Windows Vista ReadyBoost Problem

Filed under: Windows Vista 

USB interface cardWindows Vista has a lot of nice new features that make working with the computer easier and more fun. Apart from the graphical changes there are quite a few technical improvements. One of those improvements is ReadyBoost, it is actually still supported in Windows 7.

This feature uses high speed data transfers over the USB bus to allow a USB stick to be used as a system file cache. ReadyBoost is basically a disk caching mechanism, which is intended to boost system performance. But it will also speed up your USB device.

Unfortunately ReadyBoost will not work for all USB devices. If you have a problem with ReadyBoost in Vista or Windows 7, it is most likely a compatibility problem with your USB device. Devices that add extra USB ports can also be a problem. In some cases it can be fixed by a driver, but this will not always work.

First of all keep in mind the requirements for USB sticks to work with ReadyBoost:

  • At least 256 MB, with at least 64 KB of free space
  • At least a 2.5 MB/s throughput for 4 KB random reads
  • At least a 1.75 MB/s throughput for 1 MB random writes

So what if nothing works? Well you can still try to get the device to work using some registry tweaks. Follow these steps:

  1. First, remove the USB device from the computer.
  2. From the Windows Start menu, select Run. In the Run box, type regedit and click OK.
  3. In the Registry Editor, locate the following key:
    HKEY_LOCAL_MACHINE\SOFTWARE\Microsoft\Windows NT\CurrentVersion\EMDMgmt
  4. Open the key and select the name of the USB device that causes problems.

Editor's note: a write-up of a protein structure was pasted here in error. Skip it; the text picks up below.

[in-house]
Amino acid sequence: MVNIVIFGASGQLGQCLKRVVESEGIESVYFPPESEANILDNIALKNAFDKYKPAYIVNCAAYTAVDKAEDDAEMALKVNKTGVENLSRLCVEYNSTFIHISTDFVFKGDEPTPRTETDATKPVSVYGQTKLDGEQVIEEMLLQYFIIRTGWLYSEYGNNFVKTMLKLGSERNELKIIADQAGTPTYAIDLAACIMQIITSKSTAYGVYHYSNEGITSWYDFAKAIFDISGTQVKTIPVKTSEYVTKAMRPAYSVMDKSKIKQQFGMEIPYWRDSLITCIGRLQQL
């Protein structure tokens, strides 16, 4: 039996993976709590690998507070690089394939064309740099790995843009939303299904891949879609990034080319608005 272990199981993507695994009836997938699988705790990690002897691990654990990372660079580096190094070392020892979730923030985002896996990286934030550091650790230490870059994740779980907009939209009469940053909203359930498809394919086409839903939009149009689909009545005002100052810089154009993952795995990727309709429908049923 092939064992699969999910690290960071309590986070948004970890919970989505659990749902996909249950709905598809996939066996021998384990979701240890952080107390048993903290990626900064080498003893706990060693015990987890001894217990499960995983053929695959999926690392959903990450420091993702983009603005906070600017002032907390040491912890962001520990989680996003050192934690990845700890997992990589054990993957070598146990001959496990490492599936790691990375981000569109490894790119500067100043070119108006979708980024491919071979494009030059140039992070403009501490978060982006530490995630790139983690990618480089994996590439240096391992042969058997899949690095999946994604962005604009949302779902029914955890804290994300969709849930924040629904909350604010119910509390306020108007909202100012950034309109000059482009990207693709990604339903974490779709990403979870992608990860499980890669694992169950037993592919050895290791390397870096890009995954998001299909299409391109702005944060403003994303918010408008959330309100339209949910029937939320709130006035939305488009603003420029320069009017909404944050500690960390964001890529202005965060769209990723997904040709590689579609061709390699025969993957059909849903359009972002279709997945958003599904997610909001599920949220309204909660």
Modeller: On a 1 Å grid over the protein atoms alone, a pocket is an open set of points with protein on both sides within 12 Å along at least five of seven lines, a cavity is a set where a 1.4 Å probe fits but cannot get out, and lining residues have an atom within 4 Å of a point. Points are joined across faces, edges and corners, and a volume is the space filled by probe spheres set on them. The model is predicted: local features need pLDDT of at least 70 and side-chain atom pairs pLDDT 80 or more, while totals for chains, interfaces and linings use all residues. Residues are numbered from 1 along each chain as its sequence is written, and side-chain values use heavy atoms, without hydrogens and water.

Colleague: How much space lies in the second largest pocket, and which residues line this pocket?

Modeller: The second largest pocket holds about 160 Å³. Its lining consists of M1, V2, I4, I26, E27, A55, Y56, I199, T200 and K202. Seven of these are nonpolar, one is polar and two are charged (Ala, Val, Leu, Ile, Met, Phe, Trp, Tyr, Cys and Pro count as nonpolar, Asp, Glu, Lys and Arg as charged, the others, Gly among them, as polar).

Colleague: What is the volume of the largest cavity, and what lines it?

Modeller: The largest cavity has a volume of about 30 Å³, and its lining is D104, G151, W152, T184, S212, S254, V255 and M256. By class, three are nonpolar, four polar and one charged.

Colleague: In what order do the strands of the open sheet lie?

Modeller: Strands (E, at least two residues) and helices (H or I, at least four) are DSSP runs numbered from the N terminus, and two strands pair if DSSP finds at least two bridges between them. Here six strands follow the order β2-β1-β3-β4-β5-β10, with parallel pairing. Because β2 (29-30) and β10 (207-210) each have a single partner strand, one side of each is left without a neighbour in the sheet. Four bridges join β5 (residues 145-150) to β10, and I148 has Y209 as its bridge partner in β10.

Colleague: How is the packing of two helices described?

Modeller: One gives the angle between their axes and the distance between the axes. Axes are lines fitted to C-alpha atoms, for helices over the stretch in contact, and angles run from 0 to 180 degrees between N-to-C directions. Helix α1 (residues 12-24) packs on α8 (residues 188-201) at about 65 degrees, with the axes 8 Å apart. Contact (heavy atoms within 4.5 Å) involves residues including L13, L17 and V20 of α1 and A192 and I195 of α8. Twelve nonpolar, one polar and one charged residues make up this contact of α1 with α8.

ReadyBoost registry edit
  5. In the right-had panel select the entry with the name: DeviceStatus. Right-click the entry, and select Modify from the popup menu. Type a value of 2 and click OK.
  6. Next, right-click the entry with the name: ReadSpeedKBs. Again select Modify in the popup menu. Now type a value of 1000 and click OK.
  7. Repeat the previous step for the entry with the name: WriteSpeeKBs. Again use a value of 1000.
  8. Close the Registry Editor. Select Exit from the File menu.
  9. Lastly, connect the USB device again.

This windows Vista tweak will force Vista to use the ReadyBoost feature on your USB device, even if the USB device did not pass the required tests.

You can now right-click the USB drive and in the popup menu select Properties. Then select the ReadyBoost tab and click the Test Again button.

Force readyboost test


19 Comments to “Windows Vista ReadyBoost Problem”

  1. Roger says:

    Jonathon, good bit of info however I have a very different issue with Readyboost on Vista. I bought a 4GB Gizmo drive specifically for the purpose of using it as Readyboost. Since then I have upgraded the main PC memory. Now the Gizmo USB device isn’t recognised by the system when it is pugged in, and this is the same on other PC’s. I’m not convinced that the device is broken, but I do think it may have been reserved for Readyboost only and I can’t find a way to format it.

    Any help greatly appreciated.

  2. Anthony says:

    Roger, weird problem indeed. Since your device is not recognized on other systems, it is indeed likely something on the device itself.
    Only thing I know of that possibly explains such a problem is U3 launcher software on the stick. Not sure if the Gizmo has this as well, but Sandisk devices do. You probably need to find a U3 remover tool for the Crucial devices if there is such a launcher on it, as it can prevent ReadyBoost to work.
    Your memory expansion should not be the problem. More memory could reduce the speed impact resulting from the ReadyBoost device, but not the working as a whole.

    Hope you manage to fix it.

  3. Roger says:

    Thanks for the information Anthony. I know that the Gizmo drive does have the drivers on it as part of the device. So I’ll look into this as a potential issue.

  4. Gavin Moulds says:

    I had the same problem initially. Vista would not allow me to use ready boost for any of my several memory sticks. Since then I have re-installed and the same thing happened. The device does not have the required performance characterstics…….